Badly misnamed, “naked mole rats” live in the grasslands of East Africa. Their entire existence is subterranean.
The naked mole rat is more aptly called a sand puppy by the locals.
They are neither moles, nor rats; but they are naked. And they do look a bit like puppies if you are half blind, which they are.
Sand puppies have no fur. Fur would be a serious disability for a lifestyle living in the dirt.
The sand puppy has several adaptations that give the good life to be had from rooting around underground. The desert sand puppy is an excellent example of hand-in-glove adaptation to a habitat.
Sand puppies have no pain receptors in their skin, which is otherwise unknown for rodents.
Sand puppies have an almost ectothermic metabolism. Because they cannot regulate their body heat, sand puppies need a habitat with a highly stable temperature.
Sand puppy lungs are tiny, and their respiration rate extremely low: helpful for living inside tunnels, where air supply is limited. To compensate, sand puppy blood has a high affinity for oxygen, thereby making the most of stale air.
A sand puppy also has a modest metabolism. Low metabolism and breathing efficiency mean that aging by oxidative processes is minimized. One consequence is that cancer is unknown in these animals.
Sand puppies sleep a lot. Thanks to their lifestyle, sand puppies are especially long-lived for a rodent: only 3 years for hard-scrabbling workers, but up to 3 decades for breeders.
The sand puppy and the Damara mole rat are the only known eusocial mammals. A sand puppy colony has a single breeding queen, along with 1 to 3 breeding males among the 20 to 300 individuals in a colony; membership of 75 is average. Reproductivity in other females in the colony is suppressed by a pheromone secreted by the queen.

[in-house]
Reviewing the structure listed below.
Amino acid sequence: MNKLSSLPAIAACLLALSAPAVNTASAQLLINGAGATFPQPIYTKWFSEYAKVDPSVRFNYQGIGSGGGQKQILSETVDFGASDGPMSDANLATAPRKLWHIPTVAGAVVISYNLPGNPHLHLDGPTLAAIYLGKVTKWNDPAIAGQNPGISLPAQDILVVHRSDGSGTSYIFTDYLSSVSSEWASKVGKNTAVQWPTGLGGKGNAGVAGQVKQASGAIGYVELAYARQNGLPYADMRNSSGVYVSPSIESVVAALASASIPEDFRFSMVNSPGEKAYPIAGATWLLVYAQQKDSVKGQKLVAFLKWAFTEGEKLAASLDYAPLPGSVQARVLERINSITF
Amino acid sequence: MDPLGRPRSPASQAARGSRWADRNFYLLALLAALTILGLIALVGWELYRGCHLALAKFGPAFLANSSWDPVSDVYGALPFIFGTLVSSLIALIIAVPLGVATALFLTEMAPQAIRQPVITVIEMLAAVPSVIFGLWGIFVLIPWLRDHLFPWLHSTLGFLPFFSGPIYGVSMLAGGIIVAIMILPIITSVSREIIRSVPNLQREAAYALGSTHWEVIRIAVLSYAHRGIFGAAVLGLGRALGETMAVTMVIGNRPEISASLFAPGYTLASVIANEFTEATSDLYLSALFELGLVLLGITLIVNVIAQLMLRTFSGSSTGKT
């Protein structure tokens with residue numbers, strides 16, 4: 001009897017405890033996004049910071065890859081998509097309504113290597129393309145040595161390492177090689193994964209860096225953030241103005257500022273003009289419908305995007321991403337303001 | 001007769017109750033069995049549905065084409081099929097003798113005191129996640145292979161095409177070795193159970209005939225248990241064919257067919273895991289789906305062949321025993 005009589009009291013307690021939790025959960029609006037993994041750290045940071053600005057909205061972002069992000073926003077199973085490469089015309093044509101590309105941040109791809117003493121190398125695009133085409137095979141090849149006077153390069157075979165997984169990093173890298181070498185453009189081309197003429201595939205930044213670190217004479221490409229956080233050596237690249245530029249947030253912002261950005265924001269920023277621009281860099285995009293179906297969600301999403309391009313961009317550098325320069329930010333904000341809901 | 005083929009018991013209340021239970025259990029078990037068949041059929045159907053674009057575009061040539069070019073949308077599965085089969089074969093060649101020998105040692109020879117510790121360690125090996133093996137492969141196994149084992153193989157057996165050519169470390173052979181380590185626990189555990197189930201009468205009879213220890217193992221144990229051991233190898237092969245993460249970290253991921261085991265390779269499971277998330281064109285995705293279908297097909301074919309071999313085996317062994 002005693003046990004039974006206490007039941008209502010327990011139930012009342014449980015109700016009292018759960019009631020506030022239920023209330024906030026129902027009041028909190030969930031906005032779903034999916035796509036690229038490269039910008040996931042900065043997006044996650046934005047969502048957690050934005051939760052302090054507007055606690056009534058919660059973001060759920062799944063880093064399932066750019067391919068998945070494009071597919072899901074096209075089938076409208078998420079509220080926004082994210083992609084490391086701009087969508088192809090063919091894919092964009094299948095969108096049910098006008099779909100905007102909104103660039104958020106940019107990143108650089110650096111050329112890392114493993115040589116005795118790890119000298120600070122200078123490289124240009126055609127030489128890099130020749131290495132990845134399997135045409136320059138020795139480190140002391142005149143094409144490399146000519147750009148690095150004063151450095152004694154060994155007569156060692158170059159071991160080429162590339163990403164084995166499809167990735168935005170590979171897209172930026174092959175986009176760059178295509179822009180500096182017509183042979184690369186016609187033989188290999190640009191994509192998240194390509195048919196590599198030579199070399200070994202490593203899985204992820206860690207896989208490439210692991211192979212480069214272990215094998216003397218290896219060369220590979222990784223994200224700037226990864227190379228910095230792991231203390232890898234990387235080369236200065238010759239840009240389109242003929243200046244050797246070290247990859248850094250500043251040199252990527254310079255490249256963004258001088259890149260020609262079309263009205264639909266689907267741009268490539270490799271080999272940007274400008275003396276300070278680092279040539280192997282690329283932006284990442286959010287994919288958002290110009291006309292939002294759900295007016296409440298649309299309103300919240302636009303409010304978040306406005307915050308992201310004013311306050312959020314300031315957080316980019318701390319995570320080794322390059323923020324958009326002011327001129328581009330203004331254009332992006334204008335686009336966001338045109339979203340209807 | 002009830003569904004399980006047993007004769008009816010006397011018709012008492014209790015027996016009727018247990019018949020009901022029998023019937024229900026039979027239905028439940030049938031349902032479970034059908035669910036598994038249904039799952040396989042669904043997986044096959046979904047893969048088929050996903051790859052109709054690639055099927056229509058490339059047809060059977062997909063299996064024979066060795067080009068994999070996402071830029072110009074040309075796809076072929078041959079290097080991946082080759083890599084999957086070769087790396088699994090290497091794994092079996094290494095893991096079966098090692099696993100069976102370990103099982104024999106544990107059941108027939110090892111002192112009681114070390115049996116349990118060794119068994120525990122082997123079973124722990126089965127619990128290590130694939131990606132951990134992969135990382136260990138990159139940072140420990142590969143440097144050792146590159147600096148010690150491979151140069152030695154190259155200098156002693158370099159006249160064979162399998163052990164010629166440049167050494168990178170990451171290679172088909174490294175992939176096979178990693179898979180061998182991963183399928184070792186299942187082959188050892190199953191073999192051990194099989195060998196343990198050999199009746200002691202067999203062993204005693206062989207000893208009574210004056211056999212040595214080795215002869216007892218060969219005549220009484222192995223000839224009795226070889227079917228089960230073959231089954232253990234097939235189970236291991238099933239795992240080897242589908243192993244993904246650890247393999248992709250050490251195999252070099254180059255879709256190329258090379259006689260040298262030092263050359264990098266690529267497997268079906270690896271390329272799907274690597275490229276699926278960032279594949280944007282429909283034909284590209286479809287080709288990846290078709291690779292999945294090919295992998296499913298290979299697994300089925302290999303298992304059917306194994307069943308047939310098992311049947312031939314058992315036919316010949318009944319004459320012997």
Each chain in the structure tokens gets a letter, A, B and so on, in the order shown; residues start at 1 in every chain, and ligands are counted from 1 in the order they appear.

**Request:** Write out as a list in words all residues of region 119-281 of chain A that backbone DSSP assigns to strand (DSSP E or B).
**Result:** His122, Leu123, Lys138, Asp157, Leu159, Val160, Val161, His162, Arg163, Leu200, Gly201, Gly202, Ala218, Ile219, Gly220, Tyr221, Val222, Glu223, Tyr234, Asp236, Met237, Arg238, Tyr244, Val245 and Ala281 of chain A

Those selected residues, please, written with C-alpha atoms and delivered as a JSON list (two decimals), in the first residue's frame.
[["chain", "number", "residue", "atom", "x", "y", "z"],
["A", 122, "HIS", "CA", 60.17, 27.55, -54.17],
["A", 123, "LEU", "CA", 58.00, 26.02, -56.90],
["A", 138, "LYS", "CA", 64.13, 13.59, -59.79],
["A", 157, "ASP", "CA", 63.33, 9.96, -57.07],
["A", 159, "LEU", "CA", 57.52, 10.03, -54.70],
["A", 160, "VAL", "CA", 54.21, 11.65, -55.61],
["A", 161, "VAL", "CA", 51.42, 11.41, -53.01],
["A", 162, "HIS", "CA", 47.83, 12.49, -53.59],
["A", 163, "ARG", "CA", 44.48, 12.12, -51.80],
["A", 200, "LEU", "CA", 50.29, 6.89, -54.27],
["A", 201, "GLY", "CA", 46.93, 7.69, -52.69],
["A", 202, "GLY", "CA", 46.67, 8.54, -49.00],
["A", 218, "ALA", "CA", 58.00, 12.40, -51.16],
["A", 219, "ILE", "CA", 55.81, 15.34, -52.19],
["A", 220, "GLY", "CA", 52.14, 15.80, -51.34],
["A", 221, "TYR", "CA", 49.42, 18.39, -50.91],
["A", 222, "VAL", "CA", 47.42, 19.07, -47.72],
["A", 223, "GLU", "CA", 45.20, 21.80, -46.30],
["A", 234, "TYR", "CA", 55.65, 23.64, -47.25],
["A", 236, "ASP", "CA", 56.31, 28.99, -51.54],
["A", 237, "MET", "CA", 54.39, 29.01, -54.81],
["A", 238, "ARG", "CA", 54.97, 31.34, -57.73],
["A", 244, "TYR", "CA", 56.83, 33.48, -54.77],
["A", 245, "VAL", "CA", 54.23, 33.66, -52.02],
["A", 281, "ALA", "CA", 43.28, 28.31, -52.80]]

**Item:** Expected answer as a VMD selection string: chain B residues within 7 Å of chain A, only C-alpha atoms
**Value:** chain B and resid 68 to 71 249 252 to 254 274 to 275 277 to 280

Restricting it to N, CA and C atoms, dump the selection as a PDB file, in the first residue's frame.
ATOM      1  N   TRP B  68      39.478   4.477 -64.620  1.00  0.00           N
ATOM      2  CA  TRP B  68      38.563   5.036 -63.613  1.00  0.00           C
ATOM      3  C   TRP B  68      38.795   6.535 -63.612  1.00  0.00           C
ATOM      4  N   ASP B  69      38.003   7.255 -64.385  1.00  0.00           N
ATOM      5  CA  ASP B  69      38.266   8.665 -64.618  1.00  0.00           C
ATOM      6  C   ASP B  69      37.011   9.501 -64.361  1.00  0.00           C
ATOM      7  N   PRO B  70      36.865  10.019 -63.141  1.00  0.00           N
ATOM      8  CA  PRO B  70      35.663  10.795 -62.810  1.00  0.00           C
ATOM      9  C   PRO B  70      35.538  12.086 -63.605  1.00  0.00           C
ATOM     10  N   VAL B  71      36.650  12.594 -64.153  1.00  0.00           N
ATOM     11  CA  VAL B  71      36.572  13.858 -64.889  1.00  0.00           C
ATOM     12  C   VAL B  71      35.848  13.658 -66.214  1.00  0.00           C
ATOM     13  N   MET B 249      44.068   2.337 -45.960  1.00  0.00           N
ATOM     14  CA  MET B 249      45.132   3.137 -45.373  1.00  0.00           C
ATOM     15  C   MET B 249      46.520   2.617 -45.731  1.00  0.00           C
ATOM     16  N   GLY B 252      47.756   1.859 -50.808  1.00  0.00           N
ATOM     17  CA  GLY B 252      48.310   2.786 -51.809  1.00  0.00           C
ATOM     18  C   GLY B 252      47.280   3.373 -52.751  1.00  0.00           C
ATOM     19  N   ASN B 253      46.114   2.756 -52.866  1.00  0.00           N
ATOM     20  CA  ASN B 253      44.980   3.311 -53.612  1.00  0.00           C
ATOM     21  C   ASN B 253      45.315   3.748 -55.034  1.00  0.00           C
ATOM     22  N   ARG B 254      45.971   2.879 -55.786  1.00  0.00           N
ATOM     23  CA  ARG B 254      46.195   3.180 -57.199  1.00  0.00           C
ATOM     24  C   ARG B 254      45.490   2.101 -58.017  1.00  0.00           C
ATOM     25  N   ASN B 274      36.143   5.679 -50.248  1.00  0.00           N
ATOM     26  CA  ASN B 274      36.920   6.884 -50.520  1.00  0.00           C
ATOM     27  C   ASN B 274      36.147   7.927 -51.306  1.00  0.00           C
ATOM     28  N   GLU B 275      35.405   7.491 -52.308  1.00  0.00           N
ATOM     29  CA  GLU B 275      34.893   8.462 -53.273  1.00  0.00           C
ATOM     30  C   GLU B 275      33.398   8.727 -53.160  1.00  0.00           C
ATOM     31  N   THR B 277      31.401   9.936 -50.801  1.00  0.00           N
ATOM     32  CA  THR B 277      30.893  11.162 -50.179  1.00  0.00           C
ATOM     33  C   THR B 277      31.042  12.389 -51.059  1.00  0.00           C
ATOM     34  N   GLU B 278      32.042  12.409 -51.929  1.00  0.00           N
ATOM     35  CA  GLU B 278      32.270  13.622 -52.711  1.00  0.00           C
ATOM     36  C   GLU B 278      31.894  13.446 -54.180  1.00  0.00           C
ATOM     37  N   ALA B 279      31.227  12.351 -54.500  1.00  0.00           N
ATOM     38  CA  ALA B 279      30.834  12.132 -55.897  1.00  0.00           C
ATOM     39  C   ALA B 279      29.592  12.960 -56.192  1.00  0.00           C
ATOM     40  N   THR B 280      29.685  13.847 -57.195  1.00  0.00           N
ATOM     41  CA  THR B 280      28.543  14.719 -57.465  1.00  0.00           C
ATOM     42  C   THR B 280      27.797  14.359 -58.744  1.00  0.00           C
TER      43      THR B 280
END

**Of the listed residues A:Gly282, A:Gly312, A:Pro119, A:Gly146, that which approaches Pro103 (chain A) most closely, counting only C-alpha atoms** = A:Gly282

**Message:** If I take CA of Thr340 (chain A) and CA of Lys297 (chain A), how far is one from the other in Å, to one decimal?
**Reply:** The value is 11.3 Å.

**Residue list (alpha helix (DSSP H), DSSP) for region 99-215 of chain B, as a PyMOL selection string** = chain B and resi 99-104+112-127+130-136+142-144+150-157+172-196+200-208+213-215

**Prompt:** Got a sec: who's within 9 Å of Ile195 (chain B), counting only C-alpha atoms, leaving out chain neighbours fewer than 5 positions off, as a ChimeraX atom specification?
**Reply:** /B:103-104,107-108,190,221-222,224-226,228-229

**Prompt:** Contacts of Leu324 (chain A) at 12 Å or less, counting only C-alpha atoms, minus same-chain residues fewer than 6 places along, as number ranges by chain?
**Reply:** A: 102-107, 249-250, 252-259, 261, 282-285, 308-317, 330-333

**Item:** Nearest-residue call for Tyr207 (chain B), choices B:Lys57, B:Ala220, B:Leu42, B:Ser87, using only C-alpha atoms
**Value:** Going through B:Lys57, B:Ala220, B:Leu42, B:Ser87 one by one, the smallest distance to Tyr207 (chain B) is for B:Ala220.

Food is hard to find in the parched terrain where sand puppies live. A solitary puppy would not survive. Eusociality solved several problems that ensured species survival.
Besides the queen, who sole task is procreation, sand puppies perform different roles at different ages, appropriate to their aptitude. (It was once thought that sand puppies have a strict caste system, like eusocial insects. Instead, Austrian zoologist Markus Zöttl explains, “mole rat social organization has more in common with the societies of other cooperative mammals, such as meerkats and wild dogs, than with those of social insects.”) The young attend to the queen.
Diligent and robust rats act as soldiers, standing watch against predators. Odor distinguishes friend from foe.
A solitary sand puppy is a snack to a desert snake, but a snake invading a sand puppy tunnel will meet a fierce defense.
Sand puppies nearby attack en masse. If one manages to sink its teeth into the snake, it will the drag the snake deeper into the tunnel, where the snake is gnawed to death.
The smallest adult sand puppies are laborers: digging for food and maintaining the burrows. Workers chew their way through hard soil in hopes of a robust root to feed the colony back home.
Eating dirt is no fun, even for a sand puppy – so a worker will tuck a block behind its teeth before gnawing its way to a tremendous tuber. The block acts as a barrier to dirt or other debris that could choke an industrious puppy.
For a barrier block a sand puppy picks a suitably sized wood sliver or bulb husk shaving. A puppy will pause to reposition his block as needed. A block is replaced when it becomes worn.